As someone who is perpetually looking to improve personally and professionally, I ask myself this question on occasion. If there is one thing I think I struggle with it is finding a balance with the […]
As someone who is perpetually looking to improve personally and professionally, I ask myself this question on occasion. If there is one thing I think I struggle with it is finding a balance with the things I do.
There are times when I am consumed with a work project, other times it is something in my personal life, such as helping my in-laws move. Life is a constant juggling act, and I feel like I do a decent job most of the time, but I am always looking to optimize things. This can be difficult, as it takes a great amount of awareness and self monitoring to accomplish. You can work on something that you are not cognizant of, so of course you have to start there. A long time ago I started this process and I truly believe that I am better for it.
Some areas that are common places to start are health related, as they are not only very obvious at times, but also can hold the highest consequences if you are negligent in these areas. Are you overweight? A smoker? Heavy drinker? Porn addict? Incessant Gamer? We all have our vices, and I am not about to preach anything other than moderation. I do Intermittent Fasting as a lifestyle (not a diet), which is easy to stick to FROM NOW ON. I think a Keto diet for more than 30 days is ridiculous and a recipe for failure, just like hiding your gaming console in your closet is not going to make you quit thinking about it for that first few weeks. Every habit and behavior you are trying to change needs to have a solid plan and replacement strategy to fill that void, otherwise, you will backslide.
If you want to quit smoking, you need help to do so. I have never smoked, so I am speculating here, but it seems obvious that having a game plan and assistance like the Nicorette patch as well as a stockpile of chewing gum to quell that oral fixation you have are two key pieces to success. Quitting cold turkey is not going to work for most people, and will have them falling back into those old habits very soon. If more people in the world were disciplined we would not have near the problems we do now. But that doesn’t seem to be the case, as this type of discipline is a learned skill and one that must be reinforced all the time.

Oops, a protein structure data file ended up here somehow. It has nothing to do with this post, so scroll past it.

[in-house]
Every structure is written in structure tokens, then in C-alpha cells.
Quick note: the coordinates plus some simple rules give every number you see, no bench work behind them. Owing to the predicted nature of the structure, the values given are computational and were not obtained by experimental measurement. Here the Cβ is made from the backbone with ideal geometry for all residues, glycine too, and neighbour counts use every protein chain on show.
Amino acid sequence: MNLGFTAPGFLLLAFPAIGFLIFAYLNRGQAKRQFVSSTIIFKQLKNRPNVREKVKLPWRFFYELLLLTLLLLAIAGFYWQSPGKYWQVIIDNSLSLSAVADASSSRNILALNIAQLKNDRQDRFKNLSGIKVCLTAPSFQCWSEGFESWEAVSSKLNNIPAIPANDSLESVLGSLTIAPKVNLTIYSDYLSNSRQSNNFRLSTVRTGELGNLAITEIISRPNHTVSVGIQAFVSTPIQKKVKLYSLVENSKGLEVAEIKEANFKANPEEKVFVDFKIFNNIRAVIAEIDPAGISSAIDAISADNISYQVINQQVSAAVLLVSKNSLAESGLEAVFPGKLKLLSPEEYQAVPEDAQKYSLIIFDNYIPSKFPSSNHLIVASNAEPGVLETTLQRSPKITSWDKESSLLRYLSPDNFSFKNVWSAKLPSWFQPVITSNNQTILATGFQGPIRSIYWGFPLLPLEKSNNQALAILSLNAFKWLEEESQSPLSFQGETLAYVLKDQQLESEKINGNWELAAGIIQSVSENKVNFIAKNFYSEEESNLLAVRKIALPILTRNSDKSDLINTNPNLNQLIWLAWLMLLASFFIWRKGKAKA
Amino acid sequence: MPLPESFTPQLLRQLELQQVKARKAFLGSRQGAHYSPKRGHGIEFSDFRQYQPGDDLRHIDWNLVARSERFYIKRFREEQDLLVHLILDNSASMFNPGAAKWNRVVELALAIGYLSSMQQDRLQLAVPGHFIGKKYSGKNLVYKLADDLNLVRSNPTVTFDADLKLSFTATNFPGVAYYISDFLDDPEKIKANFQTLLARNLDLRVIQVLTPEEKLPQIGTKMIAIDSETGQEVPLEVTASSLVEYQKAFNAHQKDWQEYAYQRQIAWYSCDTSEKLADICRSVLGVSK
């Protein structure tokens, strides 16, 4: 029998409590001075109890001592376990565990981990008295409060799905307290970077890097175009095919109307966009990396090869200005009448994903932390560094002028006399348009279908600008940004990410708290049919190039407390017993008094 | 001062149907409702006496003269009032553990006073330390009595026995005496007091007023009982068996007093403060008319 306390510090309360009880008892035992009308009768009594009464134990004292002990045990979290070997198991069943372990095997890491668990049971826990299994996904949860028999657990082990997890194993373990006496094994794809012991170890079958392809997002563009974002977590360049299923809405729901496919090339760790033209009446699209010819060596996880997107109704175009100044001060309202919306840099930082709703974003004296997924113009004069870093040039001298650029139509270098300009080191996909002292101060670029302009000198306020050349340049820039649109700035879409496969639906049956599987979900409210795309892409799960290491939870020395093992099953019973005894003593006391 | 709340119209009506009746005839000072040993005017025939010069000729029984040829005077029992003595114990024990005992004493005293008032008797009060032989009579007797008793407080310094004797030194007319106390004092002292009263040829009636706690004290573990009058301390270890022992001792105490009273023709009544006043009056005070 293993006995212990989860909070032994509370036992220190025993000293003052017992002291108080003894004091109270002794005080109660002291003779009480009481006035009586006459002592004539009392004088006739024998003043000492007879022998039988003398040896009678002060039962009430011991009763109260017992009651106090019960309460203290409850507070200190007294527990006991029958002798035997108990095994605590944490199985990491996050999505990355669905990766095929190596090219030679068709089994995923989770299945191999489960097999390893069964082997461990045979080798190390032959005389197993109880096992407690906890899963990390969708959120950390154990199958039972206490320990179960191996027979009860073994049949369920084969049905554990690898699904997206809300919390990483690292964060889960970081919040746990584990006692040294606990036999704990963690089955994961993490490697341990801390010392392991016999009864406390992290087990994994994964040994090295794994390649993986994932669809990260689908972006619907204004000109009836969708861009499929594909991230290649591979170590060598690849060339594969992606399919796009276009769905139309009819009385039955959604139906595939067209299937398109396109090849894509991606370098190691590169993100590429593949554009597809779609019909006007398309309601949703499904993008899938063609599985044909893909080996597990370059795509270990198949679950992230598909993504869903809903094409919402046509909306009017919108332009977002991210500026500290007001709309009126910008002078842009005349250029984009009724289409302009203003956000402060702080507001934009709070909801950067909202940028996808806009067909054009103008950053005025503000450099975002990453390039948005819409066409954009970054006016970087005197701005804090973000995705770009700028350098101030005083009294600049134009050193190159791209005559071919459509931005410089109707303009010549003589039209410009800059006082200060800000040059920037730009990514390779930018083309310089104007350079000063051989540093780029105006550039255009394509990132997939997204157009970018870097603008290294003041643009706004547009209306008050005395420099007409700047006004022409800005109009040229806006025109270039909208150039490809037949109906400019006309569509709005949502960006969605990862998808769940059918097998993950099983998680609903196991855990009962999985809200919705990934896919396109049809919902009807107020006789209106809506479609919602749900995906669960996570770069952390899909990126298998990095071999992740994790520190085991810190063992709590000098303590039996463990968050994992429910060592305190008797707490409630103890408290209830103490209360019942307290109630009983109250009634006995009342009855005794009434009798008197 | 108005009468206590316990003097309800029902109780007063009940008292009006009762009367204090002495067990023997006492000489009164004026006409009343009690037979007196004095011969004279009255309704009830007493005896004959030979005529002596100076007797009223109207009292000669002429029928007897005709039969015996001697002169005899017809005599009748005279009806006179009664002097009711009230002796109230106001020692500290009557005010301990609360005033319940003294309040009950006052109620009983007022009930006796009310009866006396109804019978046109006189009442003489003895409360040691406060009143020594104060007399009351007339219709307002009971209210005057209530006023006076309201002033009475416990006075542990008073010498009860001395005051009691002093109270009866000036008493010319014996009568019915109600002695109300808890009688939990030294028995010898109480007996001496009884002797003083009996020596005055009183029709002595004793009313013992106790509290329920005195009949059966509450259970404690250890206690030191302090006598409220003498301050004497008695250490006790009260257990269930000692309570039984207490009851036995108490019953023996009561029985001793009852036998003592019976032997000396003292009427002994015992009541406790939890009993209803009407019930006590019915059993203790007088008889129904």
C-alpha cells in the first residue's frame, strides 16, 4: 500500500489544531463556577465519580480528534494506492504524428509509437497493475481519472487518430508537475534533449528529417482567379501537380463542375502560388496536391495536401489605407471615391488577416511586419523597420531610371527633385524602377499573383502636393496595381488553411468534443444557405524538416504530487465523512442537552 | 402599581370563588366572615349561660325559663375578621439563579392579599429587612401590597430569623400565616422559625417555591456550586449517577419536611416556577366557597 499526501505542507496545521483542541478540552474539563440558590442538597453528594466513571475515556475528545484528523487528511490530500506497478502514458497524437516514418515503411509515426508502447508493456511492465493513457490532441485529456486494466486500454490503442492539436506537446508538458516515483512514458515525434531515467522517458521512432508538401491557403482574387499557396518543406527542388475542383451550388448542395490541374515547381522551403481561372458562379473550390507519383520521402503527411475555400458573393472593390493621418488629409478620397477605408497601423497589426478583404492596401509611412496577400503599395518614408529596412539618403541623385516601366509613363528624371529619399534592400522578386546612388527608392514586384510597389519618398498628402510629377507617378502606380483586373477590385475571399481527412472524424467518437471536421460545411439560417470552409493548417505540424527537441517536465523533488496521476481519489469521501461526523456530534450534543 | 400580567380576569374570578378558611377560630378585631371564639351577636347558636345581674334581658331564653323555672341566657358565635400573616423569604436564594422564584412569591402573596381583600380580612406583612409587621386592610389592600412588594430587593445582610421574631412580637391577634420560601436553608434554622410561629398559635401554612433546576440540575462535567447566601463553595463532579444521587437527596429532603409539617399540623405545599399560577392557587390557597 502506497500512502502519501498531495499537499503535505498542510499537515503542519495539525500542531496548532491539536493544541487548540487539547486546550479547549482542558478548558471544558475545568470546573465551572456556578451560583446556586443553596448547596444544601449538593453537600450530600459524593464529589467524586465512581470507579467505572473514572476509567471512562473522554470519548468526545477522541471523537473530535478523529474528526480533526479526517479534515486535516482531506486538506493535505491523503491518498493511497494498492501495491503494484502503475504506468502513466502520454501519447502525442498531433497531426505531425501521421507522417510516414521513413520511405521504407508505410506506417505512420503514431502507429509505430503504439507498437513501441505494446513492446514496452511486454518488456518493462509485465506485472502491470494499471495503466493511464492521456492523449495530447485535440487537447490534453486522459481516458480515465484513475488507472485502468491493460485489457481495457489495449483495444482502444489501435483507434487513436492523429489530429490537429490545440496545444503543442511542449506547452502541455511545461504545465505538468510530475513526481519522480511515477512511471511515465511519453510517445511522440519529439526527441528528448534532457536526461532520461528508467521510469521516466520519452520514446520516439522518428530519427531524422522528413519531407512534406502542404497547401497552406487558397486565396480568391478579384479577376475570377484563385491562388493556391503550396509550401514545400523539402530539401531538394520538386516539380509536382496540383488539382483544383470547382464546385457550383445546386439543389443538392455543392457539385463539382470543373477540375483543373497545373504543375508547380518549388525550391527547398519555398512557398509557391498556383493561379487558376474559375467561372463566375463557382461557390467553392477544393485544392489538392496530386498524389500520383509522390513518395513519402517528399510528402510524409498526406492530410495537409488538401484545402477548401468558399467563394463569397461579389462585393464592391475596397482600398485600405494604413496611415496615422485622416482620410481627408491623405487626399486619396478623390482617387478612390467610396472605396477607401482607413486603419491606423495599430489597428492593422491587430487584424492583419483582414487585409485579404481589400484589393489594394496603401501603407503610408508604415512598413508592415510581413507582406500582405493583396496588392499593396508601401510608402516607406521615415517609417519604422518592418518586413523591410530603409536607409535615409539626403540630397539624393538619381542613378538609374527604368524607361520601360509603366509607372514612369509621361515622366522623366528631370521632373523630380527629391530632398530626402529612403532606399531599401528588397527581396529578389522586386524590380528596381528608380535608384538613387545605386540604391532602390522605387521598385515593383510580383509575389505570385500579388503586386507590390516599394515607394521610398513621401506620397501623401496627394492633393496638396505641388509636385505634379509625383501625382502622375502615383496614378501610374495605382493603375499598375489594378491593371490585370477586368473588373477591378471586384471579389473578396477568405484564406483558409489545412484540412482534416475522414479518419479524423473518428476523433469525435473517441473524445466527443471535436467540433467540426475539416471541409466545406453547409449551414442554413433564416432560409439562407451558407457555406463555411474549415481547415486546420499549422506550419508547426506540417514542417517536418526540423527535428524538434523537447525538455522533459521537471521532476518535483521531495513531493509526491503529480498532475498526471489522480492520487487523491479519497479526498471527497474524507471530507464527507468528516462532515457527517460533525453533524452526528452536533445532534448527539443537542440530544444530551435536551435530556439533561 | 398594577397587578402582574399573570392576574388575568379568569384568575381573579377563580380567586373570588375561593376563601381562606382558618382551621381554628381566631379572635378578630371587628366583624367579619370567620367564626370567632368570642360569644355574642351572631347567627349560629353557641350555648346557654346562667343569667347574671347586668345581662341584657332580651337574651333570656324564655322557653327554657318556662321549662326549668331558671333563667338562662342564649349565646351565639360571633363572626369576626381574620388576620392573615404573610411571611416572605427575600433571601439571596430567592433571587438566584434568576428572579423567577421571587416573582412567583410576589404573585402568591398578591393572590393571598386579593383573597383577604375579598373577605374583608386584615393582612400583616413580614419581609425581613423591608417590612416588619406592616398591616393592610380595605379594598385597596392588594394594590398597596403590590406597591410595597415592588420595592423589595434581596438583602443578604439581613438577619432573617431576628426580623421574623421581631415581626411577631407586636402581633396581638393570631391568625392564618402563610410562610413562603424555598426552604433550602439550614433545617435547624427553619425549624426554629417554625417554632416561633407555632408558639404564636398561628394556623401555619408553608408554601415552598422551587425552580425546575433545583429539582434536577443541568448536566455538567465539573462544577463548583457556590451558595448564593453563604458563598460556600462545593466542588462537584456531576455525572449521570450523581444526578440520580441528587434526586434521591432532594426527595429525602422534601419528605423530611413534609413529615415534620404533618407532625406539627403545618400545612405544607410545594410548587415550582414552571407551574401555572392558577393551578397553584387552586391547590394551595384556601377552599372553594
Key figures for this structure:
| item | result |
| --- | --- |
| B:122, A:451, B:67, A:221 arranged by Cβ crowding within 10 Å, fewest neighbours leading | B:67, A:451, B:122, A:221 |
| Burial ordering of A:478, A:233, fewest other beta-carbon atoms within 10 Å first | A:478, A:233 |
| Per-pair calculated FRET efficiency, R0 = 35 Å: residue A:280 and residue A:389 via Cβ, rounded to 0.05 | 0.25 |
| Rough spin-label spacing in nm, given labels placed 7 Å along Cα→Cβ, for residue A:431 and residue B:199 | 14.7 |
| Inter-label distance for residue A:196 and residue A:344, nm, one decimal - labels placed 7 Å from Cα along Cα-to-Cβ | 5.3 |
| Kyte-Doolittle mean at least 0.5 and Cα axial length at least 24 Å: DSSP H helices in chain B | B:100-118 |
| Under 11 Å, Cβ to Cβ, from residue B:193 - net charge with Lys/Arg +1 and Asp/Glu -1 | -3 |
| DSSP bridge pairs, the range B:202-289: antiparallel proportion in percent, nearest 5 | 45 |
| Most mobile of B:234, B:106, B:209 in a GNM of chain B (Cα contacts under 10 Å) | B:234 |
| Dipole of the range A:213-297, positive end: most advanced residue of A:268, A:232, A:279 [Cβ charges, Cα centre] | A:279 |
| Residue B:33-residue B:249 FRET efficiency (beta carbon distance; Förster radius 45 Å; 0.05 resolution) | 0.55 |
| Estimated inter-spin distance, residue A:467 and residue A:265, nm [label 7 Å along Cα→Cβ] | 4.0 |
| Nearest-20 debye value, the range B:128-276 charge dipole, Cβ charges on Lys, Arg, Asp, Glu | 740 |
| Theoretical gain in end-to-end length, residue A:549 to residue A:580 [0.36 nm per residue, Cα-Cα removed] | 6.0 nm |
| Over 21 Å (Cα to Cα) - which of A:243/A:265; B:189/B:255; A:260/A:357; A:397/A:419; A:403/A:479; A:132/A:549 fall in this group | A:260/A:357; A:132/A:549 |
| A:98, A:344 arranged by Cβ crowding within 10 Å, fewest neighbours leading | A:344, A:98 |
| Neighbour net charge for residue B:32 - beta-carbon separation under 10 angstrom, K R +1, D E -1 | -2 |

I would highly recommend that you start with the big categories to focus on and work on improving.
These categories would be:
Once you have these areas in better shape, then you can start looking at the micro stuff instead of the macro. But if your finances are a mess, this is going to continue to cause you problems. If you need the right motivation to start fixing this area, try this on for size: You are VERY VUNERABLE living paycheck to paycheck. And don’t kid yourself, it doesn’t matter if those paychecks are $400 or $4,000 a week, if you are spending every dime you make, you are teetering on the brink of disaster. One thing goes wrong and you are in serious trouble. No need to look back in time very far, the pandemic was ample proof of just how many people live in this manner. Lots of people in the 2008 economic crash took it in the shorts and lost everything because they were living well beyond their means. They had five houses that were not paid off, relying on the renters to make their mortgage payment and maybe add a few hundred bucks to the bank account at the end of the month. Once those renters lost their jobs and quit paying rent, the owners couldn’t pay either. And the bankruptcies ensued….. We are very quick to lose sight of the past, as many found themselves in the same boat during the pandemic a mere twelve years later.
Do yourself a favor, get your finances together ASAP. You will sleep so much better at night as soon as you do. Once you have things bent in your favor you can do more to insulate yourself from “harm”. Things like renewing your car registration for two years instead of one, taking that future expense out of the budget for next year. You can buy things when they are on sale, even when you don’t need them yet. My wife and I do this with food all the time. Anything that has a long shelf life or can live in the freezer and not go bad, we stock up on. We shop at a discount grocery store about twice a month and stockpile things that we know we will use. This came in VERY handy when the great toilet paper crunch of 2020 hit…